There is no justification for killing innocent men women and children if we can justify killing thousands of japanese civilians is going to save americans then we should not b surprised if terrorist justify their cause and survival by killing the innocent. We have to fight injustice but not at the expense of innocent lives
Although it is true that an invasion may have killed more civilians, there surely had to be another way to end the war. It is clearly not right to kill this many people, and in the long term it is still bad, as there is still radiation in these places. There could have been another way. Apart from the test explosion, no one knew what the bomb could do.
The US was in no way justified. Not only did the bomb kill innocent civilians, but it was not necessary. Admiral Leahy (President Truman's advisor) said himself that 'Japan was already defeated' and that there was 'no reason to use the bomb'. But most appalling of all, Hiroshima was only chosen as a target because they wanted to see the full effect of the bomb. We already know that Nagasaki was the second target, but why? According to the booklet by the Campaign for Nuclear Disarmament, Nagasaki was simply an 'experiment', but an experiment that cost Japan innocent lives. The US denied any knowledge about radiation, even though it was radiation which killed 200,000 in Hiroshima. This decision was totally unnacceptable and inhumane.
On 6 August 1945, the first atomic bomb to be dropped on foreign soil was released from Enola Gay on Hiroshima, Japan. This nuclear bomb, named Little Boy was dropped as a devastating attack in an attempt to make Japan surrender, and destroyed Hiroshima as over 70,000 people were instantly killed.
When Hirohito, emperor of Japan refused to accept the United States' terms of surrender, the second atomic bomb, 'Fat Man' was dropped over Nagasaki on August 9th, 1945. Many people detested the use of the atomic bombs as the mass murder of civilians was believed to be an inhumane act. The aim of this investigation is to find out whether America's decision to drop the Atomic Bombs on Japan was justified. This investigation will concisely cover the events that brought the US into the Second World War and its connections with Japan during the war before the nuclear attack. This investigation will also examine the US's decision to allow the bombs to be dropped over the cities. Content from a variety of documents, stories from those who witnessed the event, and writings from Truman's speeches and diary will help reveal if his decision to drop the atomic bombs was justified or not.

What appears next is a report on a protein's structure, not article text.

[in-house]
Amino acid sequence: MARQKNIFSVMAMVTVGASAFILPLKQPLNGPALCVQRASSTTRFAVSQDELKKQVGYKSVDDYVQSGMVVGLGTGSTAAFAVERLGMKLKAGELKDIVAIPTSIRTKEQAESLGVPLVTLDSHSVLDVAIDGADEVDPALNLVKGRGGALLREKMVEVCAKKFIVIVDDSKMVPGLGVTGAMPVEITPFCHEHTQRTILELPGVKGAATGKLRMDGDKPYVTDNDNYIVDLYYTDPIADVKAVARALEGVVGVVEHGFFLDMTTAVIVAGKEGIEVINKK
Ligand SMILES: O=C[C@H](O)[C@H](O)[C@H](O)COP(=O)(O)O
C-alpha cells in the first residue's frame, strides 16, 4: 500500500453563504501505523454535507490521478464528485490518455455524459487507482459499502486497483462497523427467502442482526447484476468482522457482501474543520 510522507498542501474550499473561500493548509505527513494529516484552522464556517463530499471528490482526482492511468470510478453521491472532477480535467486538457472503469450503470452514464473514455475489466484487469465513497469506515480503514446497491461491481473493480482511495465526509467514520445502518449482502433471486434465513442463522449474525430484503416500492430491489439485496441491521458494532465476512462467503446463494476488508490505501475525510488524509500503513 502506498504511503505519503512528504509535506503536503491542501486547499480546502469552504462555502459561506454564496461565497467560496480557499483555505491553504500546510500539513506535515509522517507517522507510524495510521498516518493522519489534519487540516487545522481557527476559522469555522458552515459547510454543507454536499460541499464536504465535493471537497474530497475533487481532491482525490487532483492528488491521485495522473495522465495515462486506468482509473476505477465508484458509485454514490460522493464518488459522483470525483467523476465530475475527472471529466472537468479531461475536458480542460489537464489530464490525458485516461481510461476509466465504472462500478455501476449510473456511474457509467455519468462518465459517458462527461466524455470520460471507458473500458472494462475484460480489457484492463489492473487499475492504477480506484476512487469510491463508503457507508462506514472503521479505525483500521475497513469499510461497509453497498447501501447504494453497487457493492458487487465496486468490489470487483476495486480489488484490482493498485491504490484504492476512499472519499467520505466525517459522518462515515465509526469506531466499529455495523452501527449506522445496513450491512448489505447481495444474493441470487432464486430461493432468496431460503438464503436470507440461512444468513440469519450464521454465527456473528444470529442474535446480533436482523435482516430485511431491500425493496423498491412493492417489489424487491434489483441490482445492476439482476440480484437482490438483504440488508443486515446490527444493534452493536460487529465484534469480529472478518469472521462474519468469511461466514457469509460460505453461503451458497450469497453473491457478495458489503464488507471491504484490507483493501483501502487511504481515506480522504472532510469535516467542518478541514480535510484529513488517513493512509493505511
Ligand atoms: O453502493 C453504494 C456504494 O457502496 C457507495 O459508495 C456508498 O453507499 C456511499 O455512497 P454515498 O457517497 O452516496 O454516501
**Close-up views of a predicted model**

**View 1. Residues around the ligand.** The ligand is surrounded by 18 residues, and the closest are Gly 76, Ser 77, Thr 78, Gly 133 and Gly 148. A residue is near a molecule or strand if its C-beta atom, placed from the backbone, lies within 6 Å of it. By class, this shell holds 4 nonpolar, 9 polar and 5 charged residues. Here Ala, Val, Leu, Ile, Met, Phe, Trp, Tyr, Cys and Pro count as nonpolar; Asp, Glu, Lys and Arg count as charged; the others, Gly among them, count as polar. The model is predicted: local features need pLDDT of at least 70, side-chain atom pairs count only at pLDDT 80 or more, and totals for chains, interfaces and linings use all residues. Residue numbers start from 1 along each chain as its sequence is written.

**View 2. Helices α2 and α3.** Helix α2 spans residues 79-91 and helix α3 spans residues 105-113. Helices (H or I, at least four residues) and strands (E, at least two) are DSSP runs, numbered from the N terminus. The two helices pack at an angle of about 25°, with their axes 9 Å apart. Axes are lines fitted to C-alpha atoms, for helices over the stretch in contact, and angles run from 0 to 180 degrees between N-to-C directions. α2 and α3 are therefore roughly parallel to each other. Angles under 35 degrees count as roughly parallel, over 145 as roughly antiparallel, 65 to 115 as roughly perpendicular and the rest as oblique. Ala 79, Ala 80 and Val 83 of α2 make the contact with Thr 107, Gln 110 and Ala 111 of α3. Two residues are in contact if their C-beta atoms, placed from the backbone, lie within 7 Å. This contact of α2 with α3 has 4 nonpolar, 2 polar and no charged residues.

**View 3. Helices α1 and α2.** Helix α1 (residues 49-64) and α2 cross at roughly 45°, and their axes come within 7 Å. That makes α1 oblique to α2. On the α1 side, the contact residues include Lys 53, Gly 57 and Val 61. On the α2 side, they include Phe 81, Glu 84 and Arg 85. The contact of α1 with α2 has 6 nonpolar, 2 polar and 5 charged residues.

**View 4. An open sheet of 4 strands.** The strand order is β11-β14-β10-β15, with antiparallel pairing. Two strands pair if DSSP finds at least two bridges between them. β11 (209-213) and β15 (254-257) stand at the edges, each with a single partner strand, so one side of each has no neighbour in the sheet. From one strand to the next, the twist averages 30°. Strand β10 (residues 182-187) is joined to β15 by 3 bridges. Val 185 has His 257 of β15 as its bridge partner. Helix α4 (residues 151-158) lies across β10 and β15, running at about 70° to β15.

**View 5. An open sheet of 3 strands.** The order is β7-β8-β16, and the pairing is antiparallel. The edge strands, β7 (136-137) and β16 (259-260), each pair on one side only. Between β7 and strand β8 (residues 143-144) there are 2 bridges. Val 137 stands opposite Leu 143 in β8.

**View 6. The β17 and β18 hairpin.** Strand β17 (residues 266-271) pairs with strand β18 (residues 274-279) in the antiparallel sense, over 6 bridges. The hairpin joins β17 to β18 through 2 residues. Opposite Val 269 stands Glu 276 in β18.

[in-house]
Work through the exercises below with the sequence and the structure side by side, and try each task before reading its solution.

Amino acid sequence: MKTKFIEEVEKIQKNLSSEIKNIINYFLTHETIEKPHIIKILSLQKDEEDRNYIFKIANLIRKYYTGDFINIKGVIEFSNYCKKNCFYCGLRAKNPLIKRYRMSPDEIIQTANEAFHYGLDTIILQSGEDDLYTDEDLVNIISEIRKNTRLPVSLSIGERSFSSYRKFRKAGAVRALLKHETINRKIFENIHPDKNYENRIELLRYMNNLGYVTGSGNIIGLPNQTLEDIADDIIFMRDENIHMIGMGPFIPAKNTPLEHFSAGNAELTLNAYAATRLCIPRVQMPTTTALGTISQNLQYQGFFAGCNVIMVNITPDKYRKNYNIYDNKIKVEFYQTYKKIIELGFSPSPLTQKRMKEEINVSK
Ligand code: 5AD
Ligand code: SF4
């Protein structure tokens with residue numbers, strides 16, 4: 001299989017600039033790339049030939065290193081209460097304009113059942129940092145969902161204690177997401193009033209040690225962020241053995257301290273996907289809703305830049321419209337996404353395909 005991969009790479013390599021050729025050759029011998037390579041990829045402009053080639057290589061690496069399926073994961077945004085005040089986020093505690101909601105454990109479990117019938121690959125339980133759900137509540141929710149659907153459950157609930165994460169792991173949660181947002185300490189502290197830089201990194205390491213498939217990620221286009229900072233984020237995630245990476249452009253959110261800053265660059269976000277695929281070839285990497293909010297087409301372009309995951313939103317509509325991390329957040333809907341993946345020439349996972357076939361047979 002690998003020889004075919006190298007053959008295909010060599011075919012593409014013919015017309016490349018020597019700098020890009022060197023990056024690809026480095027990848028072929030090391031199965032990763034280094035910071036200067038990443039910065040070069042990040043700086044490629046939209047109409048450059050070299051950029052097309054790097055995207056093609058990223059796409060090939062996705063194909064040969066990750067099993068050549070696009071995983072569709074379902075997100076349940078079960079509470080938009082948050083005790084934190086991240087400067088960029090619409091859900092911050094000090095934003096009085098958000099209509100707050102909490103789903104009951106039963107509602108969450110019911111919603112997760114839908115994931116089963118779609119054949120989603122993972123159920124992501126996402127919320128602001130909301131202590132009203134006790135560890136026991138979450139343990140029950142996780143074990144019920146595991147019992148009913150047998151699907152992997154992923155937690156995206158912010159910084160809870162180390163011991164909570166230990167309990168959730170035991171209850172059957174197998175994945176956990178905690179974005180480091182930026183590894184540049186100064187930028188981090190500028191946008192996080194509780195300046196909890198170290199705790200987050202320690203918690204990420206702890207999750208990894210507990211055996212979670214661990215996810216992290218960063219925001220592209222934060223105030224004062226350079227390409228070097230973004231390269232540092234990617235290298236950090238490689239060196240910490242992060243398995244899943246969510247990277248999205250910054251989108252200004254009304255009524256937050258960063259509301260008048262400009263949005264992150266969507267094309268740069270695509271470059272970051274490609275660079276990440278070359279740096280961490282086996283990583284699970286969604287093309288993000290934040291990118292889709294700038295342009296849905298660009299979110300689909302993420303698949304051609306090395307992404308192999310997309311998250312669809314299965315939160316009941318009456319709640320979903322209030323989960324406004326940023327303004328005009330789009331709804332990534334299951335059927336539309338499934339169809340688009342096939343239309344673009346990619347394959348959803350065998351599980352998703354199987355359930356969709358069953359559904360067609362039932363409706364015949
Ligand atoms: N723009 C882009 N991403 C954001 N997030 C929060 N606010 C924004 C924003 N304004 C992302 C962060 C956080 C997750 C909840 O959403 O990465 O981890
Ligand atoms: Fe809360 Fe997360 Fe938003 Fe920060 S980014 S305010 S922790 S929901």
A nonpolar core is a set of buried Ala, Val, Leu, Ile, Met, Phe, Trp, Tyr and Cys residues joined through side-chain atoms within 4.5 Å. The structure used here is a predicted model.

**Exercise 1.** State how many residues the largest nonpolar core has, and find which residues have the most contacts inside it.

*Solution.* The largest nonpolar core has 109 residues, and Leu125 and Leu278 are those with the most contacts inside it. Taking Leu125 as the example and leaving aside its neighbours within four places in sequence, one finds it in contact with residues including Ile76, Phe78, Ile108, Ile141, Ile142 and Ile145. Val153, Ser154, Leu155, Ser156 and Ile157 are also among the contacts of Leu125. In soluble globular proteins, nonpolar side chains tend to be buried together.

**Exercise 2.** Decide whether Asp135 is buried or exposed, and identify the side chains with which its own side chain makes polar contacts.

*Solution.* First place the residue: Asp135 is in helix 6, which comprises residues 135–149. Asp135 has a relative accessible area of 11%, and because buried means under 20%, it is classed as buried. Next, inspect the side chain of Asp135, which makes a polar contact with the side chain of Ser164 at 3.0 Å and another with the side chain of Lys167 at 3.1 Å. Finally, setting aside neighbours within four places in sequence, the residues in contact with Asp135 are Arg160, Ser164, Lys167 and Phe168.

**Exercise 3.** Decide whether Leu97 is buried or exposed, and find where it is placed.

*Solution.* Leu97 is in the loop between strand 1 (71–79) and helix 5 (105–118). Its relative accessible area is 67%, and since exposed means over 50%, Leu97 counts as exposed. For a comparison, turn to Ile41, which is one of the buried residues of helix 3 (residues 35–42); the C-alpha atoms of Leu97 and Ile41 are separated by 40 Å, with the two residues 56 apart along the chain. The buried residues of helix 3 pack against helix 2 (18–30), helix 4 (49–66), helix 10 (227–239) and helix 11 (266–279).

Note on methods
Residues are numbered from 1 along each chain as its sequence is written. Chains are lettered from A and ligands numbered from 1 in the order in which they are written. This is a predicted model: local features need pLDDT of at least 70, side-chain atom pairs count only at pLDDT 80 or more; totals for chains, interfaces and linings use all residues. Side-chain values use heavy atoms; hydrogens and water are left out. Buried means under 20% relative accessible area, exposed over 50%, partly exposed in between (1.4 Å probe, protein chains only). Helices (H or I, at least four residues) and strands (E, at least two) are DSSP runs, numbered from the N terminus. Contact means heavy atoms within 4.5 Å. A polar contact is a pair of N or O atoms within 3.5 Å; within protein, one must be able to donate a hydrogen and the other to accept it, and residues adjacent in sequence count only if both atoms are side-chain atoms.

Im gunna keep it short and sweet. They were way out of line and should have found another way to end the war. But I want to and will say this, I happen to be an american. So want to inform you all that not all Americans agree with it. So please stop insulting america and its citizens because a vast majority of them do not like and are not proud of the past. So just don't go thinking that all american people are the same please.
Yes the Japanese had no right to attack us in the first place and we did have to come back harder. However 68 civilians died in pearl harbor while 140,000 civilians died because of the Atomic Bomb. No civilians should ever be touched in war but we should not have dropped them with out knowing its full strength and not caring about all the innocent people.
The bomb was not justified. I don't care if Japan started it or dropped the bomb first, be the bigger man or in this case country and just stop. Don't react. The only thing that dropping the bombs did was kill more and more innocent people. While the US sat there all fine and happy you had people in Japan starving and dying because America thought "Lets show them who the boss is and teach them a lesson." America needs to step off its high horse and do what's best for its people not the leaders. They had the choice to not do it but they still did and that is why America is hated till this day, not just by other countries but by those in this one.
"But U.S. officials chose not to test whether this intelligence was correct. Instead, Hiroshima was bombed on August 6, and Nagasaki on August 9. Because of logistics, an invasion of Japan could not begin for another three months, so the U.S. could have waited to see if Japan would surrender before dropping the atomic bombs" (upfront 1).
The atomic bomb was necessary to end the war with Japan at the earliest possible moment. By the early summer of 1945, Japanese leaders knew they could not win. But they fought on in hopes of securing better surrender terms.
https://www.washingtonpost.com/news/worldviews/wp/2013/11/05/peaceful-protest-is-much-more-effective-than-violence-in-toppling-dictators/, shows you how such is evaluated. However, one may say that the Japanese would not have listened to nonviolence, unfortunately, such is not the case. People in Japan where already getting ready to surrender, nonviolent advocators in their country were trying to be peaceful, and as shown by what happened, the emperor was quite frankly leaning that way too. The reason this happened was because the military had control of not only Japan, but of America. If that money had not been spent on the bomb, and rather on nonviolent protests, it would have been an easier task for both moral and financial reasons. How much money does nonviolent protest cost? Less then 25 billion dollars I assure you.